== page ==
Headaches and nausea are common and sometimes occur together. A common cause of headache and nausea is migraine, which can also cause dizziness. Treatment and prevention will vary depending on the underlying causes.
This article explores the common causes of both headaches and nausea, and some underlying issues that are less common and more serious.
It also discusses treatments and ways to prevent the symptoms.
Migraine is a common cause of both headache and nausea. According to a 2015 review, around
A migraine feels like a moderate or severe headache. The pain is often throbbing and located on one side of the head. During a migraine, a person may also experience:
- sensitivity to light or sound
Other common causes of headache and nausea include:
- the flu
- a cold
- food allergies
- excessive consumption of caffeine, nicotine, or alcohol
Types of headaches that can cause nausea
Different types of headaches can cause nausea. These include:
- migraine with aura
- migraine without aura
- cluster headache
Conditions that can cause nausea and headaches
- the flu, stomach flu, or common cold
- stress, depression, or anxiety
- excessive use of nicotine, caffeine, or alcohol
- food allergies
- food poisoning
- strep throat
- premenstrual syndrome (PMS)
Another common cause of a headache and nausea is low blood sugar, which can result from:
- not eating enough
- drinking alcohol in excess
- hormonal deficiencies
- liver or kidney disease
- overuse of diabetes medications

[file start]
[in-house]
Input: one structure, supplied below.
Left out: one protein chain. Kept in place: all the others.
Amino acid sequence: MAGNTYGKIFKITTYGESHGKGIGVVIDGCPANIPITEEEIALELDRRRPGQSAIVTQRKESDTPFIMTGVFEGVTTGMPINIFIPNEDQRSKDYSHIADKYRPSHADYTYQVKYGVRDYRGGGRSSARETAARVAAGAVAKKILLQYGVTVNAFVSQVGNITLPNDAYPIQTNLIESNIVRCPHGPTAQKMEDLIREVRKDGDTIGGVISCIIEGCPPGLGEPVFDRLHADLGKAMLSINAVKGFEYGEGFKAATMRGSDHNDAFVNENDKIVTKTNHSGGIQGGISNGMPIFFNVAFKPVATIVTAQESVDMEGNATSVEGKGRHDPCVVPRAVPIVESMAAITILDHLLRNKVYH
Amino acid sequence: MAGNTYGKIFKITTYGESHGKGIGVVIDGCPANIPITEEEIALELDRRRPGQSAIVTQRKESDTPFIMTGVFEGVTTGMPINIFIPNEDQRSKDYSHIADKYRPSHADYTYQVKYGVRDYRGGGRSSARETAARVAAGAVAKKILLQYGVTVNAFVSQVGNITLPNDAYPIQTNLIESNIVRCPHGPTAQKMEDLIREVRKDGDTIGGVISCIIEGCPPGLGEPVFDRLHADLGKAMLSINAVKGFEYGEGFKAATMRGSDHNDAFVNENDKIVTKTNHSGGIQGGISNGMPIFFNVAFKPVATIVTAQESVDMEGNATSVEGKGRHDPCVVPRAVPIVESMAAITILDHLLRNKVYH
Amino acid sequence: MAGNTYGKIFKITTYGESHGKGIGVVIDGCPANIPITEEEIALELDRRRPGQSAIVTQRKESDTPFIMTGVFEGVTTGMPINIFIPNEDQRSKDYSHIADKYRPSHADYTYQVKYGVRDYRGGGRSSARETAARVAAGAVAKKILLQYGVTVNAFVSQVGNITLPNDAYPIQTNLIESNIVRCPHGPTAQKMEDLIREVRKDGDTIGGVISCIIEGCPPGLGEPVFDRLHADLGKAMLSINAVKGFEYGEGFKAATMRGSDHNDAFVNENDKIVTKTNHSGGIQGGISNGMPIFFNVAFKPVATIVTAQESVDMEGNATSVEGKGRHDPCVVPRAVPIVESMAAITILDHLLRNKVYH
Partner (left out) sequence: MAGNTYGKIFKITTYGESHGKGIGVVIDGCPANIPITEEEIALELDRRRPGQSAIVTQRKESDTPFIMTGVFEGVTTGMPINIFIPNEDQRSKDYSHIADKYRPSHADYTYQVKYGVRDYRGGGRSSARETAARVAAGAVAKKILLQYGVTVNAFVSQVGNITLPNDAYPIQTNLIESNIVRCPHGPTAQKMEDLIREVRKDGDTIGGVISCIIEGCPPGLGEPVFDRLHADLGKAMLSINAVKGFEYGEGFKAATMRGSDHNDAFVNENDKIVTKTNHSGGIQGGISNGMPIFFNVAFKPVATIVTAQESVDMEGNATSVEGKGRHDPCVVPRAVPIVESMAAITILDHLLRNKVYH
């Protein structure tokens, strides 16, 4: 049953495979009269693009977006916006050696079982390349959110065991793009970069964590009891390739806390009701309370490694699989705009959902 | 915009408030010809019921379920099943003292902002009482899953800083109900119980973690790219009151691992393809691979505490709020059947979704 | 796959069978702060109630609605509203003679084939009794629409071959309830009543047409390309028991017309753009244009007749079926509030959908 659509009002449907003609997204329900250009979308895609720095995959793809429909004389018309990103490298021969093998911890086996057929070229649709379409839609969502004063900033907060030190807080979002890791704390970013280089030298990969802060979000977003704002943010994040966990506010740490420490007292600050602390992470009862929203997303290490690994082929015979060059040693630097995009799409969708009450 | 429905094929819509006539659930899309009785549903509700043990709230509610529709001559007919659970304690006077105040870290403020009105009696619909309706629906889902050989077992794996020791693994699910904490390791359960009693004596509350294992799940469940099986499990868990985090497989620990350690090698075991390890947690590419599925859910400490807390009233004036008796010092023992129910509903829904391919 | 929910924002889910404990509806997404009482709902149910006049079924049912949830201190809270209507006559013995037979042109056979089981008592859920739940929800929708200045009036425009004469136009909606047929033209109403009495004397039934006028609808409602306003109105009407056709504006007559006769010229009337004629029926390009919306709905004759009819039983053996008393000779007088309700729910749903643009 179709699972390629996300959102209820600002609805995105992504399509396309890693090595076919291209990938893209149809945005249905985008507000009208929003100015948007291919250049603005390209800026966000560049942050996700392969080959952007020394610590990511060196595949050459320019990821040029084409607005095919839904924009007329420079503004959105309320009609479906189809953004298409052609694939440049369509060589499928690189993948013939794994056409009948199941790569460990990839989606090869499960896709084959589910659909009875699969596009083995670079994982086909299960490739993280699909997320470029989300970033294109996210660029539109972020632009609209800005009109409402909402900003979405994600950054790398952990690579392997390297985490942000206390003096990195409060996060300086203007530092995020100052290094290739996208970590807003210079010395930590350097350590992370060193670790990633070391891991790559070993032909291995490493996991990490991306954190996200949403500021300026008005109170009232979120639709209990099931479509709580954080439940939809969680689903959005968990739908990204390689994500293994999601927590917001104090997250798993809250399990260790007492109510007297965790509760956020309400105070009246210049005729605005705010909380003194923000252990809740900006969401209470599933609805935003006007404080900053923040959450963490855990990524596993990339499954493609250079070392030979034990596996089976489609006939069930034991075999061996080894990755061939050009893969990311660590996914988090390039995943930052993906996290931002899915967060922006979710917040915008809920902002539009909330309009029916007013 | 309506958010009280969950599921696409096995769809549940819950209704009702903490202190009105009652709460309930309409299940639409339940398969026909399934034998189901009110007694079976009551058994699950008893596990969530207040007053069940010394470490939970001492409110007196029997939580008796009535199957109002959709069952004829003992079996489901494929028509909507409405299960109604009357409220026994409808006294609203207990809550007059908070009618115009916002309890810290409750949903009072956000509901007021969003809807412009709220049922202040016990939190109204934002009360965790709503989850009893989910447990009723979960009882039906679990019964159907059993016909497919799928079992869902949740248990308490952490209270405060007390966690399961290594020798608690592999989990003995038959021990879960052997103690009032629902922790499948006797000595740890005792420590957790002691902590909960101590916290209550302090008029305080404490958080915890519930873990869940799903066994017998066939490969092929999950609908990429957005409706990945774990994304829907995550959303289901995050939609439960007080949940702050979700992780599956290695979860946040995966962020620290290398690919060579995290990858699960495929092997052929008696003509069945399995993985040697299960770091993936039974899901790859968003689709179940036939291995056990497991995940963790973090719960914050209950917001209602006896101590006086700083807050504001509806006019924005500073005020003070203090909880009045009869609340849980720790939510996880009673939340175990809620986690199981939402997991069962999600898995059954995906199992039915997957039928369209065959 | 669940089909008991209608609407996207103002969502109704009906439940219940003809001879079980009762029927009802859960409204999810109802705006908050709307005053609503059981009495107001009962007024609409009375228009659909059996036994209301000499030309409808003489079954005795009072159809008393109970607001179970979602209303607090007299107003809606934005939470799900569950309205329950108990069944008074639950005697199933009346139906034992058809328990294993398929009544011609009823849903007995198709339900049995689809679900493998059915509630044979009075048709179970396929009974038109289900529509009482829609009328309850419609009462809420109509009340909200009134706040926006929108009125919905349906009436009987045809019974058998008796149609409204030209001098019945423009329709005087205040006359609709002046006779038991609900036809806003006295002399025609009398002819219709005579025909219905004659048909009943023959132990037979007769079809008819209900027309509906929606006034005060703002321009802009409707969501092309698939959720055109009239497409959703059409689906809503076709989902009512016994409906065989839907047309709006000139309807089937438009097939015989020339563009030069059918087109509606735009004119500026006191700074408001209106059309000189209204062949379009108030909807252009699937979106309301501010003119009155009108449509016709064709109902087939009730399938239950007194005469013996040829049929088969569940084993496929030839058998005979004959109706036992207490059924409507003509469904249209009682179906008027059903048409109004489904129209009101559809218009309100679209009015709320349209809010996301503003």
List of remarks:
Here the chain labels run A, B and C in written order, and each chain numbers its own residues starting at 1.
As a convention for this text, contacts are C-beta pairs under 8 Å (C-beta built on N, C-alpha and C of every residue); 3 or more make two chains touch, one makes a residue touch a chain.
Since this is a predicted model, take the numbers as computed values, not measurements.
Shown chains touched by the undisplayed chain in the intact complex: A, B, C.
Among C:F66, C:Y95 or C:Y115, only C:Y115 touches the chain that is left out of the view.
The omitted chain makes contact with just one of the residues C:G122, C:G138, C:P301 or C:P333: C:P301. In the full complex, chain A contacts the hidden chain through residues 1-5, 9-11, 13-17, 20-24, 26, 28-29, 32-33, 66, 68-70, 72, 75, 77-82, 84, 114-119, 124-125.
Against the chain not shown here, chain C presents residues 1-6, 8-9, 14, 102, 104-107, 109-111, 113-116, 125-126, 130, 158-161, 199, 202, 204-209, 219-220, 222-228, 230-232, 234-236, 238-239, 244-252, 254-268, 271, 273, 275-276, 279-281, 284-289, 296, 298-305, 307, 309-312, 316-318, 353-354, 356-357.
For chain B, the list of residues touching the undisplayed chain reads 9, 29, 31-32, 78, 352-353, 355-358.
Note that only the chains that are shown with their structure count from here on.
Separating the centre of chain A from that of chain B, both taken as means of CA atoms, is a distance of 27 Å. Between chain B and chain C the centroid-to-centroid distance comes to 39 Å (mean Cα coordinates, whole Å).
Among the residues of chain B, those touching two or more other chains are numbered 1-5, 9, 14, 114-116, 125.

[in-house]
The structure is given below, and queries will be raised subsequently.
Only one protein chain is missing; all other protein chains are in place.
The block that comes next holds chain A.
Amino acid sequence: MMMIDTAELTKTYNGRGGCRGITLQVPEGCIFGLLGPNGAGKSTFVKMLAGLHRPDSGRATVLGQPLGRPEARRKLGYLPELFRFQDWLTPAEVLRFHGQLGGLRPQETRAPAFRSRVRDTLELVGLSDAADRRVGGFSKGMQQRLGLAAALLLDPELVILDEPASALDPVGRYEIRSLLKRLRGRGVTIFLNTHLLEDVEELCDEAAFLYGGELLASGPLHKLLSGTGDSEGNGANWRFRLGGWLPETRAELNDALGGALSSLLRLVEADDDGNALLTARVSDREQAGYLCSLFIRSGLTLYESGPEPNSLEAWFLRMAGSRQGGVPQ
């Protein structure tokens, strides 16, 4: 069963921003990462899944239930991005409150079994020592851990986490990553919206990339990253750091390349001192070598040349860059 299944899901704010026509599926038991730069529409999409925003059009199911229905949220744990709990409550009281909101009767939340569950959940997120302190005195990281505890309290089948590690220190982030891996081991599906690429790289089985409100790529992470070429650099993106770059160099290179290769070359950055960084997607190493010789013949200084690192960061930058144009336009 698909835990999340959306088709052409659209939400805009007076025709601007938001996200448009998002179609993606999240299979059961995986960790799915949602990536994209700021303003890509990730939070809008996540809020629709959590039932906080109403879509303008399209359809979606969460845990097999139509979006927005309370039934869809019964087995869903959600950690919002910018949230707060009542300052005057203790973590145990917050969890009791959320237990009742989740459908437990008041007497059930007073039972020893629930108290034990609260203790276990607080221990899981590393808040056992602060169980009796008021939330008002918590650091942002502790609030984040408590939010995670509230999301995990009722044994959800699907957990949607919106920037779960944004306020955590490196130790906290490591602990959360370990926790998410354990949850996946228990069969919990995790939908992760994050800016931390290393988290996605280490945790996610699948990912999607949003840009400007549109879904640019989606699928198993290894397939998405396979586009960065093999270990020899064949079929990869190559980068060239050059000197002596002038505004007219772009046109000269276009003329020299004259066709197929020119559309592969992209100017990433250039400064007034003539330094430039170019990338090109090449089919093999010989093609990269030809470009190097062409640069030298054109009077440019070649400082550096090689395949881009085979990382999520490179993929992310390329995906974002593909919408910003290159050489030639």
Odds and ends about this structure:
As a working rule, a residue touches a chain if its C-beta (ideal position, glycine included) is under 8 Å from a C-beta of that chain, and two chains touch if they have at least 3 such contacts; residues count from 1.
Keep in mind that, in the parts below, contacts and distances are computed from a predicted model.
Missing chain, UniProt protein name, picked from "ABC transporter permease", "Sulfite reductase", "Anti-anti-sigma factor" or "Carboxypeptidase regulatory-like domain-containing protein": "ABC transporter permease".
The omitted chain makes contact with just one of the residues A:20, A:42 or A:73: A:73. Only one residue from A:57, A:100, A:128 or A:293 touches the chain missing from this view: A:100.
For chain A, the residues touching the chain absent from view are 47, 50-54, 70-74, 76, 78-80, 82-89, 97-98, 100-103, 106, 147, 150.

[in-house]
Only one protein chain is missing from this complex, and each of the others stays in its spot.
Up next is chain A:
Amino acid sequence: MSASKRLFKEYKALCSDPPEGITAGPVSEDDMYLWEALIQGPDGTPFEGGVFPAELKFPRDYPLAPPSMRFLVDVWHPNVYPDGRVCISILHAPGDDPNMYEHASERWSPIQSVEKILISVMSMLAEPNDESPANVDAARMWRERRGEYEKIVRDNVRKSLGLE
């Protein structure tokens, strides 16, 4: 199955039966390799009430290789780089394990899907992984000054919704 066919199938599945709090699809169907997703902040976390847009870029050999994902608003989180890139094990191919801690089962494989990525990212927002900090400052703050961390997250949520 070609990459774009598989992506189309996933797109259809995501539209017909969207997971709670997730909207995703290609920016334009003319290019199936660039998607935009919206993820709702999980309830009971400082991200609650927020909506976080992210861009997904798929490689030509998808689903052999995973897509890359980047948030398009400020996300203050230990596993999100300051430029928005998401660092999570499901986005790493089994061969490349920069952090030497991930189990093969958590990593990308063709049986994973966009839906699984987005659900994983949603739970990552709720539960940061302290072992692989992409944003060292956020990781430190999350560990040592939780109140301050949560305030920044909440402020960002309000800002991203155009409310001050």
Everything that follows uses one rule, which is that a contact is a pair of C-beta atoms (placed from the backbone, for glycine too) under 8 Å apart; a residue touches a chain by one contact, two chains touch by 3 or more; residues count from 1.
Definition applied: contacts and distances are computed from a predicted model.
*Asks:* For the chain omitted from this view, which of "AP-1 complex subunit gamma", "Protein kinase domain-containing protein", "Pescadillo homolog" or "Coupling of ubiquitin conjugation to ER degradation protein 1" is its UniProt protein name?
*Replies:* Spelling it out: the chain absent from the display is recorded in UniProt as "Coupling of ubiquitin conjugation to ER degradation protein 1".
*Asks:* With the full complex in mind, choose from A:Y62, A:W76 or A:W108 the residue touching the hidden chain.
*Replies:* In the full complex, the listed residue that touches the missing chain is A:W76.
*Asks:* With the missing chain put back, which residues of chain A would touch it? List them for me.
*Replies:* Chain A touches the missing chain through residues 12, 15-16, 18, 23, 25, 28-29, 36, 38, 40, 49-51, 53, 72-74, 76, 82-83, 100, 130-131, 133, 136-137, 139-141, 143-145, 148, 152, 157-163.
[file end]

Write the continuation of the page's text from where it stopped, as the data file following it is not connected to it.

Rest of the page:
- certain medications
Other causes of concurrent headaches and nausea are more severe and may require urgent medical treatment. Understanding the full range of causes is essential, as it can enable a person to seek the right treatment in time.
More serious causes
Headaches and nausea are symptoms of the following severe conditions and injuries:
One explanation is that migraine affects nerve pathways that stimulate the part of the brain that controls vomiting. A
Another theory relates to serotonin, a chemical in the brain that affects:
- social behavior
- sex drive
- taking pain-relieving medication
- lying in a quiet, dark room
- laying a warm cloth on the forehead
- putting a cold compress on the back of the neck
- trying complementary treatments, such as aromatherapy, acupuncture, or acupressure
- taking antinausea medication
- getting fresh air
- trying meditation
- sticking to bland foods and small portions
If a person has a severe, sudden headache and no history of migraine, they should speak with a doctor.
Contact a doctor right away if a headache and nausea follow a blow to the head.
Also, seek medical attention if headaches grow worse over time or accompany any of the following symptoms:
- loss of consciousness
- blurred vision
- a fever
- trouble speaking
- feeling dizzy or confused
- having a stiff neck
- vomiting that occurs sporadically for more than 1 day
- not urinating for more than 8 hours
It may not always be possible to prevent headaches and nausea. However, the following may help:
- stopping smoking
- reducing caffeine and alcohol intakes
- reducing the effects of stress through mindfulness, meditation, or yoga
- drinking plenty of water
- avoiding foods that have previously triggered a migraine episode
- eating a healthy, balanced diet
- practicing good hygiene to avoid colds, the flu, or the stomach flu
- taking plenty of breaks from looking at screens
- getting enough exercise
Migraine is a common cause of headaches that occur with nausea. Dehydration and low blood sugar are also frequently responsible.
Some causes are more serious. Several affect the brain, such as meningitis, brain aneurysms, and tumors. These issues typically feature additional symptoms.
Anyone who is worried or unsure about the cause of their headaches and nausea should speak with a doctor.